Common Breastfeeding Problems and Solutions
Breastfeeding is meant to be a pleasurable, fulfilling experience for both a mother and her baby, but it can sometimes become uncomfortable or painful due to a number of common problems new mothers, or even those with experience, run into. Thankfully, most of these problems can be remedied by making small adjustments to technique or style, and will not require moms to stop nursing.
Below is a list of common problems associated with breastfeeding and how they can be addressed.
Sore nipples after feeding is an indication that your baby is not correctly ‘latched on’ and will pinch you whenever the tongue comes up. Red and pointy nipples, rather than smooth and round, also indicate that your little one is not well connected to your breast.
In a proper ‘latch’, your baby’s mouth should be wide open with your nipple sitting in the back of the hollow. This way, there is nothing for your little one’s tongue to pinch and should not cause any soreness of the nipples. If you feel any pain after ‘latching’, quickly break the connection by inserting your finger into the corner of your baby’s mouth, then try again, making sure to have at least one inch of your areola in the mouth.
If you do experience nipple soreness, you can ease the pain by washing your breasts with plain water, as soap can cause dryness and irritation. Letting some milk dry on your breast before dressing can also help reduce soreness and inflammation. Lanolin-based creams can also help to keep your nipples soft and supple.
A few days after giving birth, it’s normal for your breast to become larger and heavier as they begin producing larger quantities of milk. Some of the fullness is due to extra blood and lymph fluids flooding the breast tissue. For most mothers, this fullness eases within the first two to three weeks after delivery, but if your breasts feel hard, swollen, throbbing, lumpy, uncomfortably full, or painful, you are likely engorged.
According to WebMD, showers are not recommended when you have engorged breasts. Instead, apply cold packs to your breasts for about ten minutes before or after nursing to soothe the pain and help relieve swelling. Right before feeding, put a warm pack on your nipples for a few minutes as this will also help with the milk flow. Gently massaging the breast as he or she feeds also encourages the milk to flow and will help relieve some of the tightness and discomfort. It is also important to keep on nursing, or the problem could worsen. You can expect it to ease up within 24 to 48 hours if you nurse well or pump your breast at least every two to three hours.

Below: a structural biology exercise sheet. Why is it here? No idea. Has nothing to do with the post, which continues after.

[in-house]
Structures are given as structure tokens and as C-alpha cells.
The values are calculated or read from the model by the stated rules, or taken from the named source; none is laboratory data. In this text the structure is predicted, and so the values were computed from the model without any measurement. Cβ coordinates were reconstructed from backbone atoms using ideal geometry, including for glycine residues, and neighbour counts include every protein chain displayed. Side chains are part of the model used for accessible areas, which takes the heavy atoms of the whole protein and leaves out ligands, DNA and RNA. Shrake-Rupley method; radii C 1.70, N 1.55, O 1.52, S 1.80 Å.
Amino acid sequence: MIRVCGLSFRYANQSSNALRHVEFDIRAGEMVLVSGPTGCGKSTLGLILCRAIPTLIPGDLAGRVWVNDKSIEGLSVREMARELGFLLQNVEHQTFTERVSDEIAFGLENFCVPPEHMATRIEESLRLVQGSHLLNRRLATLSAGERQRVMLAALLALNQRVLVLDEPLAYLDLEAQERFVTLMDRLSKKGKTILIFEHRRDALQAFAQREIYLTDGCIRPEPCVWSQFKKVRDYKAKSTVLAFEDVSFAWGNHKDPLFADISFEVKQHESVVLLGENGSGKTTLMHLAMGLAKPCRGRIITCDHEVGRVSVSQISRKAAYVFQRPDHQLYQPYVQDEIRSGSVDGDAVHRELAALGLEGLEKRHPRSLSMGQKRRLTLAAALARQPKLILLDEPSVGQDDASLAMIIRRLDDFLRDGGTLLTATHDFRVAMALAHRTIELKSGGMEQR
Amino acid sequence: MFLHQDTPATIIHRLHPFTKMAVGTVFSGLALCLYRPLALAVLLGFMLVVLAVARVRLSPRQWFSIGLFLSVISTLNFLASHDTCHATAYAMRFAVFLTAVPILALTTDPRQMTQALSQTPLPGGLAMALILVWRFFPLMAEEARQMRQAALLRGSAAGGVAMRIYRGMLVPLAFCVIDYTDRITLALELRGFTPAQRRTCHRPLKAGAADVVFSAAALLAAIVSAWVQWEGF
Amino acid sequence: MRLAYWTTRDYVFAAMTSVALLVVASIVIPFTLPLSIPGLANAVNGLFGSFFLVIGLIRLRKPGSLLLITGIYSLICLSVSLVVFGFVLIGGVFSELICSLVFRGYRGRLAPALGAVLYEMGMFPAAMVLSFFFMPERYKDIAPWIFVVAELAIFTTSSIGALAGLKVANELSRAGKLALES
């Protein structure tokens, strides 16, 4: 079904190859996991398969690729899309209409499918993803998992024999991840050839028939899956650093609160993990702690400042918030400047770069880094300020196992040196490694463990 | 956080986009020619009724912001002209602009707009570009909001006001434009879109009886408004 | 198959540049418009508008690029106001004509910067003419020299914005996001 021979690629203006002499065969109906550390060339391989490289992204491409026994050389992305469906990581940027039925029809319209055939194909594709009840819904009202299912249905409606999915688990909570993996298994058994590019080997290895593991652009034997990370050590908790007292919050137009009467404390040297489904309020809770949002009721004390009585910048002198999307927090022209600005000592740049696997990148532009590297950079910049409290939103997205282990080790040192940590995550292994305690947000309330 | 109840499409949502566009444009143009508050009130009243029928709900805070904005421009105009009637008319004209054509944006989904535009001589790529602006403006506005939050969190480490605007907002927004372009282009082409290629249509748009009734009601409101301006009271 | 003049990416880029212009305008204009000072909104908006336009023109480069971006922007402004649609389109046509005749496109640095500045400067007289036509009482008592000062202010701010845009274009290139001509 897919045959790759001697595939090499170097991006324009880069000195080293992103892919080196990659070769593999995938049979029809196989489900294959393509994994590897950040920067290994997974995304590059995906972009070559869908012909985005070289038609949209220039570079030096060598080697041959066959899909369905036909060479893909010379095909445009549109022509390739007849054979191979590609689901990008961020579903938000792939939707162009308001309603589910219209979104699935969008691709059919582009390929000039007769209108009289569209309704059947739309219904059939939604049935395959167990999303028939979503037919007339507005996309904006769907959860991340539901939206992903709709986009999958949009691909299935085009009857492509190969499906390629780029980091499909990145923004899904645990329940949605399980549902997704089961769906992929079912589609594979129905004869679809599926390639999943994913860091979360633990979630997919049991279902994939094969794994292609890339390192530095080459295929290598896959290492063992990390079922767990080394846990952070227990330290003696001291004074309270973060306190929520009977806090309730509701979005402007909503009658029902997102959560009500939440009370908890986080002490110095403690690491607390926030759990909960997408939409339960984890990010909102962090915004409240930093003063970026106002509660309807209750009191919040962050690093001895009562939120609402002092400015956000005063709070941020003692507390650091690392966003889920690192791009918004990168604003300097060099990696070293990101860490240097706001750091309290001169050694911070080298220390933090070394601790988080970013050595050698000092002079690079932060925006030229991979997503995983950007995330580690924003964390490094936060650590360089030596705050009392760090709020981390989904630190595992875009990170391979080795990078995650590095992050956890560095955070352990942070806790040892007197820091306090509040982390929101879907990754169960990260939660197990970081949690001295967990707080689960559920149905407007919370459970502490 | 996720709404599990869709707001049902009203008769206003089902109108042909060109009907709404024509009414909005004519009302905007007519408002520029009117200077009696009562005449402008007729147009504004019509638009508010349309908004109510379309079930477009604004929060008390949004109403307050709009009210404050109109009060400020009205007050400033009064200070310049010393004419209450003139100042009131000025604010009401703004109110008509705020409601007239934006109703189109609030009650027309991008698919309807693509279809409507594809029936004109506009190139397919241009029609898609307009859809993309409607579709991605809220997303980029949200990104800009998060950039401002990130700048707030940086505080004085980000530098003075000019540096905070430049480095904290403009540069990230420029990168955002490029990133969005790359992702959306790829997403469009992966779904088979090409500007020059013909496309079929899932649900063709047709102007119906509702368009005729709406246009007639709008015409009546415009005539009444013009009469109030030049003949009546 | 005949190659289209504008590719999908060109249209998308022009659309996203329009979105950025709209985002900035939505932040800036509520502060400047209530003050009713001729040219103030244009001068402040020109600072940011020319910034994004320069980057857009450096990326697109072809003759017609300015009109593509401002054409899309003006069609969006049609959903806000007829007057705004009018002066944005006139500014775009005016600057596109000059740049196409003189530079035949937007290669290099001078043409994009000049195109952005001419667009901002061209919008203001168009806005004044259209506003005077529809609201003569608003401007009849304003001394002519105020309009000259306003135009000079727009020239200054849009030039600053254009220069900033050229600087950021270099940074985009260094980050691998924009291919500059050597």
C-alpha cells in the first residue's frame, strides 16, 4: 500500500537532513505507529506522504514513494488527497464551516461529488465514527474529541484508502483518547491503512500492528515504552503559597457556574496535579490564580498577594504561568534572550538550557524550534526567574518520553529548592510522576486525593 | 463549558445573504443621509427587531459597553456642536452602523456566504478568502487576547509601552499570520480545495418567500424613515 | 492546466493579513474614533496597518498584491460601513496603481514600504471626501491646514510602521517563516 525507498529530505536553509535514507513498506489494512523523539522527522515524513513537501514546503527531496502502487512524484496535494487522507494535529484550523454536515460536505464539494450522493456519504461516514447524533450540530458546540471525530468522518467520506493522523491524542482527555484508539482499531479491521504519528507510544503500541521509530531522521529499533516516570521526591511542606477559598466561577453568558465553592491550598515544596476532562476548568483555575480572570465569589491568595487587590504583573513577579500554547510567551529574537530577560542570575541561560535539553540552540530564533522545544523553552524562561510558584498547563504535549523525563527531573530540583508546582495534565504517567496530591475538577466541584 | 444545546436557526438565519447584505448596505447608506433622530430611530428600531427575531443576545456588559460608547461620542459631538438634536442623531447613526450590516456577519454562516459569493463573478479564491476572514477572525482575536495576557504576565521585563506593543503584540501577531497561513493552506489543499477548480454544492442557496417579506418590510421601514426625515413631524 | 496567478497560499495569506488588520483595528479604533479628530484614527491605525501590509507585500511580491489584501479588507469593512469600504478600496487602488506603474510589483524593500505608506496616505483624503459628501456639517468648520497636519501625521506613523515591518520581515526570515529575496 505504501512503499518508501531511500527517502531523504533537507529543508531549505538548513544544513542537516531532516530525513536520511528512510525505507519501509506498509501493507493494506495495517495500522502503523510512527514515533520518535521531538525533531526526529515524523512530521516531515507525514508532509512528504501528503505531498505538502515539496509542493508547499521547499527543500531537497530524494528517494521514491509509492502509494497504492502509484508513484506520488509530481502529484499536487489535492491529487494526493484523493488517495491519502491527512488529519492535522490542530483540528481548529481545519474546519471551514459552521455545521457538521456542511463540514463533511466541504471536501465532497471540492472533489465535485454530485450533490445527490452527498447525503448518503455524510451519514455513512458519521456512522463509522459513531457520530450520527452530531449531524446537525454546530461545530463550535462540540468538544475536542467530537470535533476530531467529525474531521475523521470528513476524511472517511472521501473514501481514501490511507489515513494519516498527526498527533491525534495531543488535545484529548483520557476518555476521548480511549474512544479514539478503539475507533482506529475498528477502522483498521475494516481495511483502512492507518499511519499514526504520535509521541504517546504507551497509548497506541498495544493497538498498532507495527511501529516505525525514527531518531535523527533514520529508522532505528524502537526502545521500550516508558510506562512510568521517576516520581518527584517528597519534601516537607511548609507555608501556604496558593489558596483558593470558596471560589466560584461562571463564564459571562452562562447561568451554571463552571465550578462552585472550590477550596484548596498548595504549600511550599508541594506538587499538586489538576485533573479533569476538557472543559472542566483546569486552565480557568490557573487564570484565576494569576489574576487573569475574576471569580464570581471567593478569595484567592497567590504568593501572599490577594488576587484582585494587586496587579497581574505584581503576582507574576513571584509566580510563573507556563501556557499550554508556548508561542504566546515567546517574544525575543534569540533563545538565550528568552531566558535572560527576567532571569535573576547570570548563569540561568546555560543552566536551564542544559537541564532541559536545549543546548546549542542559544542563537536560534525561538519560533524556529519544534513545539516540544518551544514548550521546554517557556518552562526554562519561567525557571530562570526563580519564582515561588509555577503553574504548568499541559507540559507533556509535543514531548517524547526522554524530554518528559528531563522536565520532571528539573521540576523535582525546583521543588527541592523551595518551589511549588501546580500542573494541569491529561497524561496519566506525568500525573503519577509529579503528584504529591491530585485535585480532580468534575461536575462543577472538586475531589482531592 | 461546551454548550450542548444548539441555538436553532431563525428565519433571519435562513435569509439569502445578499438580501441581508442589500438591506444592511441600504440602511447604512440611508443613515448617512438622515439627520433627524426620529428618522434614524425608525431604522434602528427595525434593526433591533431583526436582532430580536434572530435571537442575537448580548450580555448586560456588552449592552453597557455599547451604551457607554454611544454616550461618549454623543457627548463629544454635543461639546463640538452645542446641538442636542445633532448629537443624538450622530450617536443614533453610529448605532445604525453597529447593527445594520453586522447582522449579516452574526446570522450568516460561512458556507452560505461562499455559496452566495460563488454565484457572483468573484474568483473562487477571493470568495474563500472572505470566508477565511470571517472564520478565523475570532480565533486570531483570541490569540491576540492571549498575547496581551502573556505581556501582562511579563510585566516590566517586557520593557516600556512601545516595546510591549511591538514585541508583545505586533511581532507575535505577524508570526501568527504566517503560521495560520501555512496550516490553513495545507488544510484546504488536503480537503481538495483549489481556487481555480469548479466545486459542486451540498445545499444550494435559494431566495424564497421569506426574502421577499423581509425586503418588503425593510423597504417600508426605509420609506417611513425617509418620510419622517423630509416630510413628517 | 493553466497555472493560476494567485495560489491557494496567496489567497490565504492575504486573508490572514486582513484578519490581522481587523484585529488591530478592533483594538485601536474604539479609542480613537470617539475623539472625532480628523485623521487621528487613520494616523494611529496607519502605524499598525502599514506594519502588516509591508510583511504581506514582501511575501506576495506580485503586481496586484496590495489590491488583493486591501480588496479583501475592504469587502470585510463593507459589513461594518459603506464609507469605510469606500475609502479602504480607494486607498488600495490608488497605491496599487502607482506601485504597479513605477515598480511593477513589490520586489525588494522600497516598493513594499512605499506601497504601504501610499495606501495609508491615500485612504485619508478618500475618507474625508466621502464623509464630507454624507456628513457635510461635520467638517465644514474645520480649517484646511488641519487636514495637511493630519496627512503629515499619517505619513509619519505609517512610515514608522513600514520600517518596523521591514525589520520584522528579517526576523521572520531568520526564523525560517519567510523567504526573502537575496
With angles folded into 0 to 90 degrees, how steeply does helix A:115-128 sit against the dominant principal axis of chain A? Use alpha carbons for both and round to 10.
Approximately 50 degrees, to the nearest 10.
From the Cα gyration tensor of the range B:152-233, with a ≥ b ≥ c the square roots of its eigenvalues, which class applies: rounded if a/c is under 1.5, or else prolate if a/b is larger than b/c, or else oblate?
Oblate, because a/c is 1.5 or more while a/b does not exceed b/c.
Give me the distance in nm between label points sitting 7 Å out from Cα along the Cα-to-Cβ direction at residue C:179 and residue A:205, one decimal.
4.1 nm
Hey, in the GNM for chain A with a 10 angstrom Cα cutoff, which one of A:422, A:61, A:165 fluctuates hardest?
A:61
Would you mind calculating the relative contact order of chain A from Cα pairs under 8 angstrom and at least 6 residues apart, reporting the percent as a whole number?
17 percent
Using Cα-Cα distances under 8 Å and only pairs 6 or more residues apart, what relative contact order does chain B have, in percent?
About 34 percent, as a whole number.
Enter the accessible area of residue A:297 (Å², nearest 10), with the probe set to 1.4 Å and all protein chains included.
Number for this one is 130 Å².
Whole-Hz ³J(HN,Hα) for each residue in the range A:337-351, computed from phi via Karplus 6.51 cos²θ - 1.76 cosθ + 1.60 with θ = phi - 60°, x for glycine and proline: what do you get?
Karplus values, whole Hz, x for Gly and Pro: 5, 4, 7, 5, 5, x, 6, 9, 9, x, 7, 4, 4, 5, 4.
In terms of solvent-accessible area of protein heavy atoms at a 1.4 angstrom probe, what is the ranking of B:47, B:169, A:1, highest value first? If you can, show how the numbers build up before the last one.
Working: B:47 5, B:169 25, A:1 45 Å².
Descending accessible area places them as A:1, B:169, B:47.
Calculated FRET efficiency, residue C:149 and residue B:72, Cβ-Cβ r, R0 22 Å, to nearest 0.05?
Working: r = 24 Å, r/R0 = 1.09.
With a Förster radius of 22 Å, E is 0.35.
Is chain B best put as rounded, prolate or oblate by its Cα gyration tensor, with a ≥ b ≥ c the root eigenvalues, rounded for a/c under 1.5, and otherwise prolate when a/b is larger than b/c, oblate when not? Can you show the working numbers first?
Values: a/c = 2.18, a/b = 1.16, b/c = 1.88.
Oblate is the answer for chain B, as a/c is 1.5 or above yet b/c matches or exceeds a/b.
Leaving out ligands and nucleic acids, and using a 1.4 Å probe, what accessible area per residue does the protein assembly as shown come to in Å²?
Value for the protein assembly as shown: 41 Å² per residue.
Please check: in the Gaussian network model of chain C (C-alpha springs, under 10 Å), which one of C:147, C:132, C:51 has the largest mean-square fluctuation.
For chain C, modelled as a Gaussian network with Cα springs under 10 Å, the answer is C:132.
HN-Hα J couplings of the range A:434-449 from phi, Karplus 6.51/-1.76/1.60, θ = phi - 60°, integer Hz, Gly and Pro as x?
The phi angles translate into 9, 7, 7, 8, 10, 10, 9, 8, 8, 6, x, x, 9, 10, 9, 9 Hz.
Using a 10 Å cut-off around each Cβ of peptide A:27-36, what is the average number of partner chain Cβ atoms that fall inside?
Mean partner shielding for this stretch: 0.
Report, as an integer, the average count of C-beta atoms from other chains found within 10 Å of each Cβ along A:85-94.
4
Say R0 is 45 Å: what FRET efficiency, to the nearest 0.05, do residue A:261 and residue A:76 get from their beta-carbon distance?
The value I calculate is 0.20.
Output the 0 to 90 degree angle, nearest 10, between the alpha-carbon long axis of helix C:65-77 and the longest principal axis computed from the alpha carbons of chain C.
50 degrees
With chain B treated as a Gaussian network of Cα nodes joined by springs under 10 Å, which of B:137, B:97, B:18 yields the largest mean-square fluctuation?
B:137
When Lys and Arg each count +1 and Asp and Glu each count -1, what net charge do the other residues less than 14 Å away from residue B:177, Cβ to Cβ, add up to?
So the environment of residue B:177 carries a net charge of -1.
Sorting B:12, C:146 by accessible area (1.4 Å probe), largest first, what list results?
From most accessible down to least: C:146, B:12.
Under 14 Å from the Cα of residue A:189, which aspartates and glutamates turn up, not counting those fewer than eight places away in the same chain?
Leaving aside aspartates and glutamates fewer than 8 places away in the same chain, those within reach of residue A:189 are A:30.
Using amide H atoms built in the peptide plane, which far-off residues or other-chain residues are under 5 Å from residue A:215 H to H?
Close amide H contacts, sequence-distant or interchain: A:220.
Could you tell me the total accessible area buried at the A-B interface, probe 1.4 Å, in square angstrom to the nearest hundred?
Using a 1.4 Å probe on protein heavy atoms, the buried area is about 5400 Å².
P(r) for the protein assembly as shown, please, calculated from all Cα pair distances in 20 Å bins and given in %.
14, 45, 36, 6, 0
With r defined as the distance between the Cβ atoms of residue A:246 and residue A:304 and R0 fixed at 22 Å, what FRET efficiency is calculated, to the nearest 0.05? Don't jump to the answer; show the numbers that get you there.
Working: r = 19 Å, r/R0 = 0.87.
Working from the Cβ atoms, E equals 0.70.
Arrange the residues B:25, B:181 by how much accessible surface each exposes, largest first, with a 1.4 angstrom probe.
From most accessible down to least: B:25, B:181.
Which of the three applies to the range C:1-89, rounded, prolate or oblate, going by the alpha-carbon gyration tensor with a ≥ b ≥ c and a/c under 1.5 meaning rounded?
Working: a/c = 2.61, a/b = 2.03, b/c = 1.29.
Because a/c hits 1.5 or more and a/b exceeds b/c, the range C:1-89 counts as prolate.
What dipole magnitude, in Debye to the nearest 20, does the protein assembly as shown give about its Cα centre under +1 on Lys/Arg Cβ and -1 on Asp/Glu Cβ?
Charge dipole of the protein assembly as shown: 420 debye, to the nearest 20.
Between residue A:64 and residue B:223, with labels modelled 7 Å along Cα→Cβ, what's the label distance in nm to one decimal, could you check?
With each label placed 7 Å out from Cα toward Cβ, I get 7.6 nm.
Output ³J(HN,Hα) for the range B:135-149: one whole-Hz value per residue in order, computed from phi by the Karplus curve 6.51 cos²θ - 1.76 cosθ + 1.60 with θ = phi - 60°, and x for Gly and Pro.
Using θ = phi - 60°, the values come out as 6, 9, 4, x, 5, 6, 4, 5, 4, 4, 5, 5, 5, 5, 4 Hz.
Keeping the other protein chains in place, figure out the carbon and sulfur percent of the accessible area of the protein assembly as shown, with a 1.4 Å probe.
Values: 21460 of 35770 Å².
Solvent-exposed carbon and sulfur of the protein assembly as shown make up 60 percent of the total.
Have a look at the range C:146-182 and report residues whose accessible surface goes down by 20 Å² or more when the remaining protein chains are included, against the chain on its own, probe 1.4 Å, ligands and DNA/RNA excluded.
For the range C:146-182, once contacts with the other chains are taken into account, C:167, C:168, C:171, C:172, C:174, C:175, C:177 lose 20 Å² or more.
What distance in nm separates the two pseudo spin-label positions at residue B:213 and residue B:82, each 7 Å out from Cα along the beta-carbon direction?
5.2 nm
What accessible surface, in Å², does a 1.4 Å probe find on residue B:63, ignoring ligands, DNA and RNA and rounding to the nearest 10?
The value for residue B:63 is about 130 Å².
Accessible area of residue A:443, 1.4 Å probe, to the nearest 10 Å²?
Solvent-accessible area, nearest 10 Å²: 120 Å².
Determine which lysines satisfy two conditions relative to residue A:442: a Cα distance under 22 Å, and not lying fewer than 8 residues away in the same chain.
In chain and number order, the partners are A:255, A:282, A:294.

Mastitis or Plugged Milk Duct
A painful lump may still develop even when your baby is ‘latched on’ properly. This could be a plugged milk duct or the beginning of an infection known as mastitis.
To unplug a milk duct, apply moist or dry heat compresses to your breast for 10 minutes, three times a day, and massage your breast in a warm shower. Occasionally, a plugged duct may become infected, leading to symptoms of fatigue, fever, pain or tenderness. If you think you have mastitis see your doctor who may prescribe you an antibiotic. You should also use heat packs on your breasts and get plenty of bed rest.
Also make sure to keep breastfeeding as you treat the problem. Breast milk contains a high amount of antibodies, so your baby will be fine even when you have an infection.
If yeast fungus becomes present in breast milk, the mother could likely develop thrush. Yeast thrives in warm, moist, dark areas and replicates wildly in the presence of sugars, including those in human milk. The change from a dry to a wet atmosphere around the nipple area can create favorable conditions for yeast overgrowth.
Signs of thrush can include red or deep-pink areola, white dots, or shiny, swollen nipples, or flaking or peeling around the nipple area. You can also check to see if your baby is infected by looking for white spots inside of the cheeks, or a persistent diaper rash. Although you can keep breastfeeding with thrush, it is recommended that you visit a doctor and avoid buying a drugstore product to treat the infection yourself.
If you are uncertain, or if symptoms persist, don’t hesitate to see your doctor, nurse or lactation specialist for help.